My sourdough loaves came out beautifully, who would have thought that the above loaves are made only of flour, salt and water?

Then off on my way home through the gardens for a bit of baking in preparation for my weekend and to do my homework.

Thursday, 14 May 2009

Week 4 - Cake, cake, more cake - when will it ever end

Cake, pudding, desserts. I would like you to take a few seconds out of your day to consider the torture that Im undergoing here in Ballymaloe at the moment.

For your viewing horror, here are some cakes:

Winter Pudding

Fruit Tart

Lemon Pudding (pure torture)

Chocolate and Roast Hazelnut Tart

Sponge without butter - the horrors

Ballymaloe Chocolate cake

Tuesday, 12 May 2009

Week 3 - Hurty finger and a trip to a real kitchen

Week 3 was marked by my constant lying about my hurty finger because not being able to wash your knives without a trip to the local doctor is a bit of an embarrassing excuse week 3 of a cookery course. Its only the odd person who reads this, my hero who brought me in a very girly fainting state to the local clinic and my friends who stayed back to wash the rest of the dishes that know that I didnt get bitten by a shark, have my finger bitten off by a overzealous male model boyfriend or suffer a knitting accident.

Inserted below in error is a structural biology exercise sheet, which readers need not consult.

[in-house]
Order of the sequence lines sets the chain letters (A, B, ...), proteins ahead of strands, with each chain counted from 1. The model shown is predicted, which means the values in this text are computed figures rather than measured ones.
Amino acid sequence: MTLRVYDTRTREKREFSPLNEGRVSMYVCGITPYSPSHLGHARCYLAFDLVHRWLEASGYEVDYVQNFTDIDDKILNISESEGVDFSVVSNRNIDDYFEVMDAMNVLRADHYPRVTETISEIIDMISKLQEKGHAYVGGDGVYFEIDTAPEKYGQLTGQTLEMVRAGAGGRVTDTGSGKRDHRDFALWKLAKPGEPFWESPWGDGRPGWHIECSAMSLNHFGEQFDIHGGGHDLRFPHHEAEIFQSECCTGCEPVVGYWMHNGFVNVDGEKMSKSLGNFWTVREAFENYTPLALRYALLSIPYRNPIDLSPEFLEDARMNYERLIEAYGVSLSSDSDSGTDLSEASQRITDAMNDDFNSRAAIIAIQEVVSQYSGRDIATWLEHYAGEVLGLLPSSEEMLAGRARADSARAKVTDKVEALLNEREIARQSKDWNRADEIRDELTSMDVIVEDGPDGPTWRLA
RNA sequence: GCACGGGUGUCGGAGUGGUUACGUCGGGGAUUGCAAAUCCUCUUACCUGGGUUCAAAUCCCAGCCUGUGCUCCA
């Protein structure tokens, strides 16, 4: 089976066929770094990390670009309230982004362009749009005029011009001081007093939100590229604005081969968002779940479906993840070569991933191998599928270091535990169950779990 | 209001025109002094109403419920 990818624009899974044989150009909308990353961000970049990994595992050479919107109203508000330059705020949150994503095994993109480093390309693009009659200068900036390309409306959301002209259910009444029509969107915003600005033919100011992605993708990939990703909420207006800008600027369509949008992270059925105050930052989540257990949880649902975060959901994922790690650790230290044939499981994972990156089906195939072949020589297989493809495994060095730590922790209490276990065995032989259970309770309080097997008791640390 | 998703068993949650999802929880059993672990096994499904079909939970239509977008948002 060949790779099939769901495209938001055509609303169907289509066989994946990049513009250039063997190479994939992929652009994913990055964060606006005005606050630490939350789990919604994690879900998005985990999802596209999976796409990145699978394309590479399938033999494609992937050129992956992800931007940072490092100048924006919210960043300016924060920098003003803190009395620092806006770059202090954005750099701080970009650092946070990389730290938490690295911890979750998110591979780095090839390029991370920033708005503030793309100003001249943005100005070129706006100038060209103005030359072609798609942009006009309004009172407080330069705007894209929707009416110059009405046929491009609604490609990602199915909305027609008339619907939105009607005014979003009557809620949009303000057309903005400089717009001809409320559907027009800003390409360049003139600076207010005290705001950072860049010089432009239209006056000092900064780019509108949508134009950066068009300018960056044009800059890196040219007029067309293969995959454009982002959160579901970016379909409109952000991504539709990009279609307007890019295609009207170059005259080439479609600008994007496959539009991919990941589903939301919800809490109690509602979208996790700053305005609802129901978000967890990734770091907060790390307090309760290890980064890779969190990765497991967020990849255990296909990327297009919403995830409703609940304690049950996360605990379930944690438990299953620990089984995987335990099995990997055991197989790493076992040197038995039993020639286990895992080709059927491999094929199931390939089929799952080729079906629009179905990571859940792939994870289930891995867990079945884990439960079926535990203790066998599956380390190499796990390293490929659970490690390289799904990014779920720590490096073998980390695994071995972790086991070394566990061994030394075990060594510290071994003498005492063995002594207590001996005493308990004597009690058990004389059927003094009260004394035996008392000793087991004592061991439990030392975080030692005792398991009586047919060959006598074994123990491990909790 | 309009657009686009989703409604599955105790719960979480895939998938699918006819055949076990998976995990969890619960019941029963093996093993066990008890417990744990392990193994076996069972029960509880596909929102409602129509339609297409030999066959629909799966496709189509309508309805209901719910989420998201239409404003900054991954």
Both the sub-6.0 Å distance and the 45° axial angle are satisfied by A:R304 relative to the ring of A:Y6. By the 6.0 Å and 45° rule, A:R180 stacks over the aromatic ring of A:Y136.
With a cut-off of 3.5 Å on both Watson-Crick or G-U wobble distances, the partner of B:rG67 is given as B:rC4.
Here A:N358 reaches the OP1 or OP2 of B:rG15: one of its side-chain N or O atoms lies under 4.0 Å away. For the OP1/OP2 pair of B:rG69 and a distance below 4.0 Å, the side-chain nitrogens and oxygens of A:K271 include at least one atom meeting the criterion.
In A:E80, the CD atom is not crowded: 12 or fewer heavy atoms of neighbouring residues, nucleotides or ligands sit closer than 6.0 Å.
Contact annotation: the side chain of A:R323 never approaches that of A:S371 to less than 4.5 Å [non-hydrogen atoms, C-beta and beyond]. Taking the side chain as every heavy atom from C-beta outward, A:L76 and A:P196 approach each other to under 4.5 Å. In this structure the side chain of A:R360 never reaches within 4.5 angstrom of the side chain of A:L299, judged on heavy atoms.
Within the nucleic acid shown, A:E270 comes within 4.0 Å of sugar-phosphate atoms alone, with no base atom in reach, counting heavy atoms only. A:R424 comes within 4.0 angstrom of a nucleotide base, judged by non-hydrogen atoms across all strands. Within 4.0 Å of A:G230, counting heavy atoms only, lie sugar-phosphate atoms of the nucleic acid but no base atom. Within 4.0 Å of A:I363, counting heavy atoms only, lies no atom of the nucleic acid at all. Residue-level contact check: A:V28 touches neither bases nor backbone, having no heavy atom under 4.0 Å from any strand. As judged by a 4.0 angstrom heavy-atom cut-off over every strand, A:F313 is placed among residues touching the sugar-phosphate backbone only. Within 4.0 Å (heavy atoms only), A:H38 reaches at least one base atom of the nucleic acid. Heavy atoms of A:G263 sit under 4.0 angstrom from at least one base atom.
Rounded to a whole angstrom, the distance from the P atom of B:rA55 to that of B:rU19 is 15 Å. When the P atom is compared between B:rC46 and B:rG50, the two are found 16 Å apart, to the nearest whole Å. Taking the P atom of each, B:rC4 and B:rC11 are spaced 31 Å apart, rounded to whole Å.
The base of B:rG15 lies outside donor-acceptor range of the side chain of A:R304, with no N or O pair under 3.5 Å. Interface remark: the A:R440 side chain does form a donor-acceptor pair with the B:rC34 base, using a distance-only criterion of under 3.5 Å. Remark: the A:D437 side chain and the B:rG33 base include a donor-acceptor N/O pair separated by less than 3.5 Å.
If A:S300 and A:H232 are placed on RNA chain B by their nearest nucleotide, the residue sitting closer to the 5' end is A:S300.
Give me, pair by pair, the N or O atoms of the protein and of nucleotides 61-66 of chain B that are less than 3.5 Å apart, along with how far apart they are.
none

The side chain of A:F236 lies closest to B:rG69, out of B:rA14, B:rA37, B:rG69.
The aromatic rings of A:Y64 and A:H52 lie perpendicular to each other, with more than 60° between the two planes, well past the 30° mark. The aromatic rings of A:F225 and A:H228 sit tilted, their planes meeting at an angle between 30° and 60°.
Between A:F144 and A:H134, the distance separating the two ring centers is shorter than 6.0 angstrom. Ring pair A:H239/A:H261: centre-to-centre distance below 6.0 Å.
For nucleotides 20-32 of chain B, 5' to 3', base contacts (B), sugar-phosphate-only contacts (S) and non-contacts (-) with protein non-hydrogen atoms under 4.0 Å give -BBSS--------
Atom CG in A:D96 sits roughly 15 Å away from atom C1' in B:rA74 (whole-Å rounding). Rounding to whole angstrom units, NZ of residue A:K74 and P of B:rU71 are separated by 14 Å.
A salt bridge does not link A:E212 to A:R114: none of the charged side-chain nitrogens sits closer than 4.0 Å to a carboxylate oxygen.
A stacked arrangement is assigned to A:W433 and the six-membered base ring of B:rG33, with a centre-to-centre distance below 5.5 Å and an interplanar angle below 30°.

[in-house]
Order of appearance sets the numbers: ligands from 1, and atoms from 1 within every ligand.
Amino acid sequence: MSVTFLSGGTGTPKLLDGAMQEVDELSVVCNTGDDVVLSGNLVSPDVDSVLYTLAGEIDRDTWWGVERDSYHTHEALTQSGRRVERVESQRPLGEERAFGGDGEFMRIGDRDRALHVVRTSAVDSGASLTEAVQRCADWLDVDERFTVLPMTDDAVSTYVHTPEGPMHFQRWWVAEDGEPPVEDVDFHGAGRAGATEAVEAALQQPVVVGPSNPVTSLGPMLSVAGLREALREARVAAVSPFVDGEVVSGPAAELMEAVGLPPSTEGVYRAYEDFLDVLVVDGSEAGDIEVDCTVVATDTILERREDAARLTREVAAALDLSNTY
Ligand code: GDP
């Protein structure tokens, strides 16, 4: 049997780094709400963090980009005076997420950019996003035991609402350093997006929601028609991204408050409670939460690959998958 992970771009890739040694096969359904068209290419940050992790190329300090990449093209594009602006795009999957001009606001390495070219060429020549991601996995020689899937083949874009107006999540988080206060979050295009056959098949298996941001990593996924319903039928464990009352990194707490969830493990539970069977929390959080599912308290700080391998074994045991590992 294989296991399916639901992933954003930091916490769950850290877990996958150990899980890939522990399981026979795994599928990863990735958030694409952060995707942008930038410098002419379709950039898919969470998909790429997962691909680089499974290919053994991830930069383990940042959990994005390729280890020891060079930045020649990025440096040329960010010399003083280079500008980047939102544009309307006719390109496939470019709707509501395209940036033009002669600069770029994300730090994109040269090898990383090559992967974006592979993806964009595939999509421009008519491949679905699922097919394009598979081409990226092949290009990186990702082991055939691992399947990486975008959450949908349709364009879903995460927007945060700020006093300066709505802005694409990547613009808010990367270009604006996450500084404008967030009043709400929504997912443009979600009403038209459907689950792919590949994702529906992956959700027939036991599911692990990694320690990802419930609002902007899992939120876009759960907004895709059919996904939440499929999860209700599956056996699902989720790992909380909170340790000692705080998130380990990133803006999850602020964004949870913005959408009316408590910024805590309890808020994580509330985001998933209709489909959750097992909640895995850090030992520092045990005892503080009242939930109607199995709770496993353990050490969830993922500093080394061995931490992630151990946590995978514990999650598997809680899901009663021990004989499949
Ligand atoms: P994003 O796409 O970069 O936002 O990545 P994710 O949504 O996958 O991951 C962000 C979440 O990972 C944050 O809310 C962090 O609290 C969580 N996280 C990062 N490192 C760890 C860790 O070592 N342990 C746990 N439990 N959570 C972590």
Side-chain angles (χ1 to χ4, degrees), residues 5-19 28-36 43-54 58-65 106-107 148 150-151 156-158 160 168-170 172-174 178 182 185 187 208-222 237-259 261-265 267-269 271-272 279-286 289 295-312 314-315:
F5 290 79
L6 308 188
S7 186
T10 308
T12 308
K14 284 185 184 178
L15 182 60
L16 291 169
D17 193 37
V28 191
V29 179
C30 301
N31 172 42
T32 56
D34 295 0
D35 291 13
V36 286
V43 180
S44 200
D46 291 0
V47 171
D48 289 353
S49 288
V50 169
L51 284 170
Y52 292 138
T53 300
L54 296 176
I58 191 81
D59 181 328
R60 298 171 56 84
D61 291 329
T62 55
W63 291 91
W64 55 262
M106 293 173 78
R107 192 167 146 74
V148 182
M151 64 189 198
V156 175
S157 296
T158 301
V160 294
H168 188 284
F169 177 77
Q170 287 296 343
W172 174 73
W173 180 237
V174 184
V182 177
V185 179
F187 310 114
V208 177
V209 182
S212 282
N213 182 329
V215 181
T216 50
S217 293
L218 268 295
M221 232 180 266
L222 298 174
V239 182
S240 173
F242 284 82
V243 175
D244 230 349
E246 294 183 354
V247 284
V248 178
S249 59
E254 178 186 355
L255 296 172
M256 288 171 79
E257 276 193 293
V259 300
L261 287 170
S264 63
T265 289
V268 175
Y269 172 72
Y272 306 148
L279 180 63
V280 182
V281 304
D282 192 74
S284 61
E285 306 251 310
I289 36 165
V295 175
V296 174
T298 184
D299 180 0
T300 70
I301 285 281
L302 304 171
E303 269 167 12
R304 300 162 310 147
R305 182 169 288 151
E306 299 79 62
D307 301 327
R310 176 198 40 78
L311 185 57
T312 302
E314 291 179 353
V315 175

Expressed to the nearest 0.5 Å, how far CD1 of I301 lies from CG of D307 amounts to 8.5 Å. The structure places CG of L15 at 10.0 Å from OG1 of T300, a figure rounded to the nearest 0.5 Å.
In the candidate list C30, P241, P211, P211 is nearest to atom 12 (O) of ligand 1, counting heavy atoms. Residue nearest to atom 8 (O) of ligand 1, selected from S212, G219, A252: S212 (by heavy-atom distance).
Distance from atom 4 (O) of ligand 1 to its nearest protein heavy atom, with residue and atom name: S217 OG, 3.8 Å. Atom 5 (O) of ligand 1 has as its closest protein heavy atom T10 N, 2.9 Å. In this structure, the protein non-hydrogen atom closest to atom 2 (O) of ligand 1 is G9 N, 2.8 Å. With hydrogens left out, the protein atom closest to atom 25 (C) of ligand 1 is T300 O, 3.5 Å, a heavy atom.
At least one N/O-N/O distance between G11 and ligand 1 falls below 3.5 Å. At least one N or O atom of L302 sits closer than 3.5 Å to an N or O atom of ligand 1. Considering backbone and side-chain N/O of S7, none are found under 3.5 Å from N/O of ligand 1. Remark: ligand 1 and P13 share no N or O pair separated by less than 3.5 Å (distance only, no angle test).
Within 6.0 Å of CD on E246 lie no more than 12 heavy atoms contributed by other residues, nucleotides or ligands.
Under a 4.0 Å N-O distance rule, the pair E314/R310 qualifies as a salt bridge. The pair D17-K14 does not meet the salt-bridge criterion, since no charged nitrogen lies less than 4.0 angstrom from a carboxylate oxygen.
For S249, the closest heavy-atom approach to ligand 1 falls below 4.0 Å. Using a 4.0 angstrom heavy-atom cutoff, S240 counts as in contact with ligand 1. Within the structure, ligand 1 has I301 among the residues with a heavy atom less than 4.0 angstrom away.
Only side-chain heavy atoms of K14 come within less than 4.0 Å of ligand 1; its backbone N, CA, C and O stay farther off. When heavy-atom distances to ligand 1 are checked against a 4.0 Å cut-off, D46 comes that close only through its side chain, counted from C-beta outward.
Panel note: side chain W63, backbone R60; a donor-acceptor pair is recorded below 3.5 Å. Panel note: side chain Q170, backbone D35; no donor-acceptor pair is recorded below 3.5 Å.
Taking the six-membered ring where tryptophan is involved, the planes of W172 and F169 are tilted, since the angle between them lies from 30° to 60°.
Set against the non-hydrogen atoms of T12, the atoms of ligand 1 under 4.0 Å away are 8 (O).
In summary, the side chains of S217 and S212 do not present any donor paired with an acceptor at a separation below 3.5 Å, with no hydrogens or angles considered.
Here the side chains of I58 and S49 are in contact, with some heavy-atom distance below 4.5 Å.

Week 3 was also the week I got to go visit Ballymaloe house kitchens (queue more lying about finger), where my cooking partner had to wash all the dishes and where I spent quite some time bashing prawn brains before boiling them, forcing them through a sieve and serving them as lunch.
As my typing index finger is still a bit off, I will leave you with a few pictures of food cooked by real chefy people. No pictures of the shy chefs as they wanted me to contact their agents first off.

Duck Liver Pate with Walnut and Raisin toast (not in picture as I ate it)

Roast Ballycotton Turbot with Watercress, Redcurrant and Shallot butter

Hot buttered Castletownbere Oysters on Toast

Pan-fried Ballycotton John Dory with Scallops and Garden Asparagus (Did I mention that Im never coming home again?)

Caramel Ice cream, served with caramel from the Ballymaloe Dessert Trolley

PS - I didnt cook in Ballymaloe house - just sat around, watched, poked at things and took photos